David Blatt calls trend of hard fouls against LeBron ‘worrisome’


LeBron James has been victimized by a series of hard fouls recently, and predictably, his head coach would like that to stop.

James Harden was suspended a game for kicking LeBron in the groin, and Jonas Valanciunas was called for a flagrant for taking LeBron to the floor two games later.

There were no such antics during Friday night’s loss to the Hawks, but Cavaliers coach David Blatt said that the trend of teams being overly-physical was troublesome nonetheless.

From Jason Lloyd of Ohio.com:

“I just think LeBron is getting hit, and getting hit every time he goes to the basket, and half of them are ignored,” he said. “Because of the strength and the power he brings to his drives, it’s easy to overlook a lot of stuff.”

James was belted again tonight going to the basket by DeMarre Carroll, but I didn’t think it was dirty or flagrant. It was just a good, hard foul. Carroll even made a play on the ball. But when it comes on the heels of the Jonas Valanciunas takedown and the James Harden kick, all of these events are coming a little too close together.

“It does seem to be a trend,” Blatt said. “That’s going to happen now and again, but when it’s happening continually that’s worrisome. And it should be worrisome for everybody. Because there’s ways to defend guys and ways to defend guys physically, but there’s a limit and that limit needs to be recognized.”

Carroll committed two fouls against LeBron in this one, but upon further review, neither could be classified as being hard or crossing the line. One was a simple contest as James drove to the basket (likely the play in question), and the other was a reach after LeBron used a spin move to get loose. It’s possible, however, that one of these appeared to be more violent in person.

Regardless of how you view Carroll’s fouls, though, this isn’t something that’s going to change. LeBron is one of the best players in the world, and teams aren’t just going to let him get to the basket without putting a body on him to make his shot attempts as difficult as possible.

Wesley Matthews’ injury will test Trail Blazers’ spacing


Damian Lillard and LaMarcus Aldridge are unquestionably the Trail Blazers’ biggest stars.

But we’re going to see just how pivotal Wesley Mathews is to Portland, especially its impressive offensive spacing.

The shooting guard ruptured his Achilles tendon last night, ending his season.

Matthews might not belong in the elite class of 3-point shooters with Stephen Curry, Klay Thompson and Kyle Korver. But Matthews is the best outside shooter outside that top tier. Only he, Curry and Korver have shot above 38 percent 3-pointers while making at least one per game each of the last five seasons.

Matthews is nearly as reliable as it gets from beyond the arc.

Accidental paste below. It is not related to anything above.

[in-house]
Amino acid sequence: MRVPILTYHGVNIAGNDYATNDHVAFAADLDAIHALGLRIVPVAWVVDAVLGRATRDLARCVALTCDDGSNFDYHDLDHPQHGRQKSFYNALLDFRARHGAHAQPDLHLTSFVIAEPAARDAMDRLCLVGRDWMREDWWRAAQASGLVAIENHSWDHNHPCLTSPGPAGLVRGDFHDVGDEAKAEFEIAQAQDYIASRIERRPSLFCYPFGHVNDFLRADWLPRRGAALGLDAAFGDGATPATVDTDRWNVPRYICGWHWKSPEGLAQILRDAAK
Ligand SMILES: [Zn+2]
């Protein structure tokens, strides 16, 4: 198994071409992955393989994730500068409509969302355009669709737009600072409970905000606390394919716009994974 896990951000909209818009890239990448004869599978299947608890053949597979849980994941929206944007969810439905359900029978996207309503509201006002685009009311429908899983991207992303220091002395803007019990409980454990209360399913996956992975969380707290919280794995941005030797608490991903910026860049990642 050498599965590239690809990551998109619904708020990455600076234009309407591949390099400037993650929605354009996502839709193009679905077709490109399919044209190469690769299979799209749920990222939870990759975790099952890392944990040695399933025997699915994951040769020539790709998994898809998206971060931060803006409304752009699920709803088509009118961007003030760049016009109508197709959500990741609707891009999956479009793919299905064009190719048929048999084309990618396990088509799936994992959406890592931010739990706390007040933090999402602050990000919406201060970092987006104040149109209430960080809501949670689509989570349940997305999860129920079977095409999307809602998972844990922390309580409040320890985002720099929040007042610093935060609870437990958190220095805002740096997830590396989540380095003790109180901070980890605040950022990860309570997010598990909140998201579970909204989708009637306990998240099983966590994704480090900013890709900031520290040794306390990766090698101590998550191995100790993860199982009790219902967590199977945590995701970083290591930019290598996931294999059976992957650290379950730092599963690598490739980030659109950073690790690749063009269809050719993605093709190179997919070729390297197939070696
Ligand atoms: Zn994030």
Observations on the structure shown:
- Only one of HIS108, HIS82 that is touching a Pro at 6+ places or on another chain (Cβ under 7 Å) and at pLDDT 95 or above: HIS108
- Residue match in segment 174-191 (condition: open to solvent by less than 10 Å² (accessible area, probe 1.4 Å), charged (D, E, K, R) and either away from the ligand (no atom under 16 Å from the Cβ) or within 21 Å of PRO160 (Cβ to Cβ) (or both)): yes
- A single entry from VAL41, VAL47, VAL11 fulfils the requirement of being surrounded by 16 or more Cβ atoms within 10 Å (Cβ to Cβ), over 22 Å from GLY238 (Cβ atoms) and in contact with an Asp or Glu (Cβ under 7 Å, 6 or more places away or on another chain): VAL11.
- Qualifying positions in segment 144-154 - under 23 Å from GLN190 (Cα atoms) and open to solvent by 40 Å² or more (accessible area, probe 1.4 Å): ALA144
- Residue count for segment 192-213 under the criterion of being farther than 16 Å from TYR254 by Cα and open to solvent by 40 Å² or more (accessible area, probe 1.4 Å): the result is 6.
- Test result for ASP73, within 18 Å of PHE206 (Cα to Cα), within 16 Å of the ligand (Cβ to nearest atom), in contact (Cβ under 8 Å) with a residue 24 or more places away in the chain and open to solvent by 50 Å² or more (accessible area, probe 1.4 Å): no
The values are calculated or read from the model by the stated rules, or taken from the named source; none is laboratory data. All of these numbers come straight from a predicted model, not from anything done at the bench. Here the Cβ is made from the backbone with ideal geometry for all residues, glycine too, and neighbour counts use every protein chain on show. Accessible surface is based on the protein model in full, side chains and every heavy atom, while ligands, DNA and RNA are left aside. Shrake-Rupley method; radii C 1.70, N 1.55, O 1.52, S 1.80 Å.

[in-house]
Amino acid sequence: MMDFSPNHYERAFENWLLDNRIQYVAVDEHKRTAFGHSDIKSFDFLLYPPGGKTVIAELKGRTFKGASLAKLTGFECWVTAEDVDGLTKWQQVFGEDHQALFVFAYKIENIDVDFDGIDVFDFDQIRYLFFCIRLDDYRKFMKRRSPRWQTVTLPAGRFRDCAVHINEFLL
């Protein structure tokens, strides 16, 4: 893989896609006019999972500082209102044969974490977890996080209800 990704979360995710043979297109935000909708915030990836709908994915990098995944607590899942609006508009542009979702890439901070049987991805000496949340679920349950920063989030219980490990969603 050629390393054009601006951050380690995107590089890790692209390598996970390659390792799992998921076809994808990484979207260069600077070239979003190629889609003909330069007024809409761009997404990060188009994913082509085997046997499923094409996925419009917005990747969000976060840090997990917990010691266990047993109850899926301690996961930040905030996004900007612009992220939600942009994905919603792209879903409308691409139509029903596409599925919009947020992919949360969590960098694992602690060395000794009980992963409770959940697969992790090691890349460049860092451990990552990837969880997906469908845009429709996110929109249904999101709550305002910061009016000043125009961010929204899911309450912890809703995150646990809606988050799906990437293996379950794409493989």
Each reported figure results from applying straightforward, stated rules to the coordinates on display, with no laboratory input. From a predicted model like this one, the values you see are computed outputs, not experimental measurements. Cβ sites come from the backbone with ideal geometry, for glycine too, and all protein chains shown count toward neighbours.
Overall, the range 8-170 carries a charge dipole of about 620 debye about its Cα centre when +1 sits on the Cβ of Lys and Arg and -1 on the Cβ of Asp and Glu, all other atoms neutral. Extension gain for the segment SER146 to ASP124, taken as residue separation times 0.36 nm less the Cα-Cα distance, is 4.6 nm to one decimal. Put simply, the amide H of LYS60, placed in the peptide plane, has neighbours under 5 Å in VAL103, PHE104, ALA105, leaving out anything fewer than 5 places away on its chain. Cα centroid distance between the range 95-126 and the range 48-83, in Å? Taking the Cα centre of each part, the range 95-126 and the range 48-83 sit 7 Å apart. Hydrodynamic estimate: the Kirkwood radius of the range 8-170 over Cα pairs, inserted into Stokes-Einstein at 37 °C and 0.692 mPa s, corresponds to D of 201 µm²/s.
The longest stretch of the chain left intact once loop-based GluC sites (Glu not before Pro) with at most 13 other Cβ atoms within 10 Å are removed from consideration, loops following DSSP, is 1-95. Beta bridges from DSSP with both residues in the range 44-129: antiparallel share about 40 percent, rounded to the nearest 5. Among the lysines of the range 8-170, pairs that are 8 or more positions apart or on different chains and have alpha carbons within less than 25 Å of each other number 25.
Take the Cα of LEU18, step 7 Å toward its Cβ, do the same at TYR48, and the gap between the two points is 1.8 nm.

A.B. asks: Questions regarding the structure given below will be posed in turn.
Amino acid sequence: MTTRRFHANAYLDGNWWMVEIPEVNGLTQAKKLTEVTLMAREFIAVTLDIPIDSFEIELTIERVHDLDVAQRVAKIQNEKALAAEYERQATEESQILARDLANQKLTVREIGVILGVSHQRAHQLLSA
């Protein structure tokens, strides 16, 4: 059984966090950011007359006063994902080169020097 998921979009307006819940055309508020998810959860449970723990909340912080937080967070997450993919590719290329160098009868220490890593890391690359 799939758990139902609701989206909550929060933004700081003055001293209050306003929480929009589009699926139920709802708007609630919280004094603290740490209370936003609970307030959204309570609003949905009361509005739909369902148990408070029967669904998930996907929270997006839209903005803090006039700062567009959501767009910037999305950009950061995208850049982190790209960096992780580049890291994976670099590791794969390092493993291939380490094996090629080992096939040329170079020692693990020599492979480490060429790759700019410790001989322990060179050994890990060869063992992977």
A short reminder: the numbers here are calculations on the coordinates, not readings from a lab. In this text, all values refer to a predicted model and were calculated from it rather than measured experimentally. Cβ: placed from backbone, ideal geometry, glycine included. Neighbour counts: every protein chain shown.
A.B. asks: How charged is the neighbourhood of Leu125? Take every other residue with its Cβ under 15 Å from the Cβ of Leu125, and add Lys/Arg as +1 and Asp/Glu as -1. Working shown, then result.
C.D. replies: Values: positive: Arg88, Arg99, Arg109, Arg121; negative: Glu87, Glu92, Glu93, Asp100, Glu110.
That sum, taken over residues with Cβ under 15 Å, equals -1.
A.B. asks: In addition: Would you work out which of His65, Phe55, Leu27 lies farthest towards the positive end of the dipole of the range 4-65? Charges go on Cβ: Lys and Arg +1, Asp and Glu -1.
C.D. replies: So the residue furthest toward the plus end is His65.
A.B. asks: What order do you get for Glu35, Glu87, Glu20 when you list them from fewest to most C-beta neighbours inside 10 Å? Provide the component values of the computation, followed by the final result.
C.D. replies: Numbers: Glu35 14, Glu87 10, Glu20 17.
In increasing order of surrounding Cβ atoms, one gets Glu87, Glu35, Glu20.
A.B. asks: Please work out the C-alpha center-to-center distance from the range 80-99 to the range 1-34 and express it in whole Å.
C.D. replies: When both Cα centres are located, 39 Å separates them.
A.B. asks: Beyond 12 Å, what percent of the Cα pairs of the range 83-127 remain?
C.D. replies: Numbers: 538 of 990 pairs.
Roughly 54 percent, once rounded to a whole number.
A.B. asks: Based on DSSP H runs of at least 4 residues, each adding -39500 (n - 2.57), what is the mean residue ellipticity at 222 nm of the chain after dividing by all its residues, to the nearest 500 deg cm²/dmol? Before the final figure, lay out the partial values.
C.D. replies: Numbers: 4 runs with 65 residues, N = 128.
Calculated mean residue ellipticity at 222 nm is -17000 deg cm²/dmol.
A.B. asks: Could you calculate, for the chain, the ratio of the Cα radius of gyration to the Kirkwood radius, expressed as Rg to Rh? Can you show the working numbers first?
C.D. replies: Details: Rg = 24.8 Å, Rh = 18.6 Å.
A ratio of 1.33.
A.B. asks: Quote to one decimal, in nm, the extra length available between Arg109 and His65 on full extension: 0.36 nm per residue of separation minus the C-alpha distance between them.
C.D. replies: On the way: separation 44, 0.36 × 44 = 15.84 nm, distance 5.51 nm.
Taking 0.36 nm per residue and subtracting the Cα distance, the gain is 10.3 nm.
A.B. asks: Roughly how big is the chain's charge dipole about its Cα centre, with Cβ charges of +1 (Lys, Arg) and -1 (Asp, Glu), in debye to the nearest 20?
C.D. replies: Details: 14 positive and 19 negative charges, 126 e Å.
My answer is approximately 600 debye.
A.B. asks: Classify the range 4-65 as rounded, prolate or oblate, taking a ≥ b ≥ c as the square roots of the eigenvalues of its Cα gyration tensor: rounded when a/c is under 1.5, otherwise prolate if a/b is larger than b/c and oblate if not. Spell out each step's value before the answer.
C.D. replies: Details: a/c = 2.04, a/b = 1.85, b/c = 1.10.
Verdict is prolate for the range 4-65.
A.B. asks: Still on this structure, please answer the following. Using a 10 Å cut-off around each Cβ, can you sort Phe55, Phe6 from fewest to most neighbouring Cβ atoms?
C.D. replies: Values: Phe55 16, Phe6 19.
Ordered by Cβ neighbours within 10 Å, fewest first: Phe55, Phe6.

And for Portland, he’s the only player who comes close to fitting that description.

There are 81 players in the NBA who’ve played at least 20 games, made at least one 3-pointer per game and are shooting at least league average (34.7 percent) from downtown. Matthews is the only Trail Blazer.


Despite this, Portland ranks 10th in points per possession.

The Trail Blazers don’t offensively rebound particularly well, and they’re even worse at getting to the free-throw line. They just spread the floor so they can pass cleanly and make open shots.

To do that, they needed Matthews to draw defenders to the perimeter.

The only other other teams with only one player on the above list – Nuggets (24th in points per possession), Timberwolves (26th), Knicks (29th) and Jazz (15th) – have struggled to form quality offenses with so few traditional floor spacers. Even teams with two players on the list – Celtics (21st), Nets (22nd), Hornets (28th), Pacers (25th) and Grizzlies (11th) – have mostly struggled offensively.

And now Portland proceeds with no healthy qualifying players.

Terry Stotts has his work cut out to overcome that disadvantage, but his task is not impossible.

Matthews was just one piece of the floor-spacing puzzle.

Aldridge is an elite mid-range shooter. What Lillard lacks in efficiency on 3-pointers (a very reasonable 33.9 percent) he more than makes up for in volume (2.4 makes per game). Nicolas Batum is a skilled playmaker. Robin Lopez sets excellent screens, springing others free.

And Mathews’ certain replacement in the starting lineup, Arron Afflalo (1.5 3-pointers made per game, 34.0 3-point percentage this season), can play a similar role to his predecessor. Afflalo’s outside shooting has disturbingly fluctuated the last few years, but he has more good seasons than bad under his belt.

Solid 3-point shooters Steve Blake (0.9, 34.6) and Dorell Wright (0.8, 37.8) could also play more. Lineups featuring Blake and Lillard have fared particularly well offensively, as the point guards provide 3-point shooting and ball movement.

Several factors have contributed to Portland’s floor spacing. Matthews’ 3-point shooting is only one, but a big one. Unfortunately, we’ll find out just how big.

Five Things We Learned in NBA Tuesday: The Hawks clinched playoff spot in front of Josh Smith


If you watch closely every night in the NBA you can learn a little something. We know you are busy and can’t keep up with every game, so we’re here to help with those lessons from another night in the Association. Here’s what you missed while going down the rabbit hole on conspiracy theories on Malaysian Airlines Flight 370